Have you ever suspected that your uber-tech friends and loved ones were speaking a whole different language? You were right. It’s called Binary and it’s the universal machine-level language of programming and network operations.

Now, you can amaze your tech friends (and confound innocent bystanders) by addressing them in their native tongue, thanks to the convenient online Binary-to-Text converter.

Typical message from you to your geek:

Um, Mike, honey, you haven’t eaten or showered in three days…

Imagine the reaction you’ll get when you deliver it in genuine Binary:


Bookmark the Binary-to-Text converter right beside the English-toTexter translator.

Wealth may mean power in some spheres, but it can’t protect you from identify theft.

Take the recent case of Mexican telecommunications billionaire Carlos Slim Helu, who temporarily lost his persponal domain name ‘carlosslimhelu.com’ to a cybersquatter who tried to hold it for ransom.

A shadowy Net denizen identified in domain registrartion records as Ahmad Rusli of Jakarta, Indonesia, allegedly sent the billionaire an e-mail asking (US)$55 billion — or Rusli would link it to a porn site. When contacted by the UN copyright agancy, WIPO, Rusli told them he registered the domain name to protect it for Slim and the threat was simply designed to get the busy billionaire’s attention.

WIPO didn’t take long to decide that Rushli had acted in bad faith and ruled that the disputed domian be returned to Slim.

Like many immensely wealthy people, Slim is also a noted philanthropist. Forbes magazine last year ranked him the world’s second richest person (after Microsoft’s Bill Gates) with an estimated net worth of (US)$68 billion.

Many of our readers will have seen the viral video that circulated wide last ear which supposedly caught, on a surveillance camera, a lone office worker slaving late in his cubicle going off the deep end in a fit of tech rage. While experts contend that the video was probably apocryphal, anyone who works with a computer can probably identify with the feelings expressed in it.

Now, there’s a way to vent that frustration safely and — if you choose — privately. Enter, Cubicle Freakout, a new online game designed to both de-stress you and measure how stressed you are:


Cubicle Freakout takes only a few moments of your precious work time but can pay major personal dividends.

And it may be the only game out there where the lowest score is the winner…

From: Macworld.com

The first Apple computer to carry the ‘Macintosh’ nameplate rolled off the assembly line 25 years ago this week… The Mac has seen may changes since then, some revolutionary, others merely evolutionary. And Apple, today, is about a lot more than computers. In fact, industry observers agree that its the iPod and iPhone that are now the company’s most important products. Coincidentally, it’s also the anniversary of the first issue of Macworld magazine.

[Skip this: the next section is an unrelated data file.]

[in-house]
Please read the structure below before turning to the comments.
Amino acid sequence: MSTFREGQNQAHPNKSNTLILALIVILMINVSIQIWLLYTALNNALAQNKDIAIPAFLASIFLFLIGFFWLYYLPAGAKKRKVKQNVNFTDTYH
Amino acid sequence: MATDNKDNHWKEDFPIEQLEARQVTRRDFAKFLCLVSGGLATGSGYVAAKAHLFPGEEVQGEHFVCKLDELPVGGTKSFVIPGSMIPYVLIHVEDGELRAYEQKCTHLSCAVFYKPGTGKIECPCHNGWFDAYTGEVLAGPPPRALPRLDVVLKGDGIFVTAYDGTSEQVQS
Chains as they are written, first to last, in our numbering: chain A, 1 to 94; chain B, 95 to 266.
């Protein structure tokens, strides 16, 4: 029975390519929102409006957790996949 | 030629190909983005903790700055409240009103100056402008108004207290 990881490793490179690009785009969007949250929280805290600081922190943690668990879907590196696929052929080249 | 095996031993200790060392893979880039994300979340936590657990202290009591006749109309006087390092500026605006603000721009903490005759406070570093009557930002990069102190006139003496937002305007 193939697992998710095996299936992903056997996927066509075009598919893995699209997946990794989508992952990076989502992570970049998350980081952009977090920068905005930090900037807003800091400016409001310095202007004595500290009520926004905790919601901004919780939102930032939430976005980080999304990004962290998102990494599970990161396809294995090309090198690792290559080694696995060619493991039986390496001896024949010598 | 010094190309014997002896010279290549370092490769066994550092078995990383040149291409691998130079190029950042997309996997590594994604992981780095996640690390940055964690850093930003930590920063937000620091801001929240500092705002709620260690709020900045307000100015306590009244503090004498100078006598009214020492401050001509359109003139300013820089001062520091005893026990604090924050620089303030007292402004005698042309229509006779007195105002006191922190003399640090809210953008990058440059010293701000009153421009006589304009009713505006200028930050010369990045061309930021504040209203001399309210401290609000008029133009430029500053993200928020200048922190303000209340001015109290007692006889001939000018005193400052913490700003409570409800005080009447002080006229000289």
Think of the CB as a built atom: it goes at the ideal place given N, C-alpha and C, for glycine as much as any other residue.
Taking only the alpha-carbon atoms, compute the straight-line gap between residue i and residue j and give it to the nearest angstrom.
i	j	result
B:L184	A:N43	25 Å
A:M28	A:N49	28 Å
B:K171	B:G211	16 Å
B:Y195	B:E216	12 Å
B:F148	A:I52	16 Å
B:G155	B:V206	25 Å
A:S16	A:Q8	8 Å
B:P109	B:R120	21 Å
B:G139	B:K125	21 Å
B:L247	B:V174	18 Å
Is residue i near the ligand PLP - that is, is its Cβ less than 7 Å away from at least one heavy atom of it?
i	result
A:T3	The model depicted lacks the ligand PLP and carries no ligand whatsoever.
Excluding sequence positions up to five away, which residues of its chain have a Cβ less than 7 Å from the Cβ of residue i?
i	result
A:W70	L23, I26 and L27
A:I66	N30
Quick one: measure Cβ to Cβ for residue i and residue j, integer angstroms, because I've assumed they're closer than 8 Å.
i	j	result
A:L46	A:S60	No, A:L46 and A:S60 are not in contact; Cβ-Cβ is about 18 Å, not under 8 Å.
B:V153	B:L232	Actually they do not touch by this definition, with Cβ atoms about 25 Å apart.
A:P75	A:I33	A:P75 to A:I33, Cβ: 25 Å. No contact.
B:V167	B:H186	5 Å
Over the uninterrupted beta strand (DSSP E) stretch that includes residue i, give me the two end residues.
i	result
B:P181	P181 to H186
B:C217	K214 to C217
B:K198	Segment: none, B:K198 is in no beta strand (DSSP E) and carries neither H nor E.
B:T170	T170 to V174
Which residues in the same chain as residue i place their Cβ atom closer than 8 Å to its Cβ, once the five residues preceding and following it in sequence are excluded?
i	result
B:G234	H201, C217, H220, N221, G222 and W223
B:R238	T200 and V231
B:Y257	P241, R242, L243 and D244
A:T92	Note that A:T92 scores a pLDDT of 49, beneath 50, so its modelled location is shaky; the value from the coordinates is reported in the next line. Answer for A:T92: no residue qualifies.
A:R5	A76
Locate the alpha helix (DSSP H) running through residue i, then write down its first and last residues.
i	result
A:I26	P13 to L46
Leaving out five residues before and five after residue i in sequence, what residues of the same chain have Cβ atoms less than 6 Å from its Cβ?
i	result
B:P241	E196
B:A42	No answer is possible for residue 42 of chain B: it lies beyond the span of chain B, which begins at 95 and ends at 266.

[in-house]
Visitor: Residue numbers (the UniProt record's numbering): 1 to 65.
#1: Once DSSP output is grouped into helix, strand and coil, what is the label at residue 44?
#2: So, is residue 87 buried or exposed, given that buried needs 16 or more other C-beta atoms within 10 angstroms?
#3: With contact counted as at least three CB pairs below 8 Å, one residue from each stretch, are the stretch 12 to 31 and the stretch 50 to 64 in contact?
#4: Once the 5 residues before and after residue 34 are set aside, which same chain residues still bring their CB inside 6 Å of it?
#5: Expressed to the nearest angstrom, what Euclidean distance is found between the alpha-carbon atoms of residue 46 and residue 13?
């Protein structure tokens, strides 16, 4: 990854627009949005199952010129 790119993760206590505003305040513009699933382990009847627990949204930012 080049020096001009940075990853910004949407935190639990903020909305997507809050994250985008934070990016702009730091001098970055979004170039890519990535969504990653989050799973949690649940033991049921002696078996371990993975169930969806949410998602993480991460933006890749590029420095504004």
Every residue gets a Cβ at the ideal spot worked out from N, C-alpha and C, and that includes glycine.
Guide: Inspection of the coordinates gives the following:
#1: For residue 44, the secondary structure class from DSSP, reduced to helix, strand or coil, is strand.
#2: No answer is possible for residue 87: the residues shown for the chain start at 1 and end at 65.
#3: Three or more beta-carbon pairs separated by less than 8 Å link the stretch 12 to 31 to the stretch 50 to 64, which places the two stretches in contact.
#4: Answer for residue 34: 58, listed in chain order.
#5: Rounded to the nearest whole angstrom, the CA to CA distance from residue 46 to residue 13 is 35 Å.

A young Steve Jobs and a flock of original Macs, from the first issue
of Macworld magazine (Photo: Macworld)

As Macworld’s Jason Snell reports, “With the iPhone, especially, we see the company changing the way people use cell phones and other handheld devices. And here, 25 years later, the Mac is more successful than it has ever been. Apple sold more Macs in the last year than it has in a single year ever before, and sales are accelerating.”

That statement, while true, doesn’t take into account the overall growth in the personal computer market, in which Apple remains a niche player based on unit sales.

But Snell remains as optimistic as any lifelong Mac fan can be:

“As for where Apple goes next, I think we all have a pretty good idea. Apple is going to continue going by the playbook that has served it in good stead since the day it was founded: combining innovative hardware and software in a seamless package. The truth of the matter is, Apple has succeeded by realizing that technology companies fail when they specialize on hardware or software to the exclusion of the other.”

One thing that hasn’t changed in 25 years is the single-button Mac mouse. But, as was recently reported by a number of media outlets, Apple has recently files a patent for a new input device designed to replace the mouse altogether, based on the Touch screen technology it originally developed for its iPod and iPhone and recently ploughshared to its new unibody Macbook portables.

Industry observers predict that Mac fans will love the new pointing device, as a novelty, but suspect that the idea won’t ultimately be any more popular than the standard touchpad controllers used on most of the world’s current-model portable PCs — for which many users buy add-on conventional mice to avoid using the inefficient — to some, downright annoying — touchpad.

Nevertheless… Happy birthday, Mac!

A European businessman has stepped in to save at least one facet of the Polaroid legacy from the jaws of bankruptcy.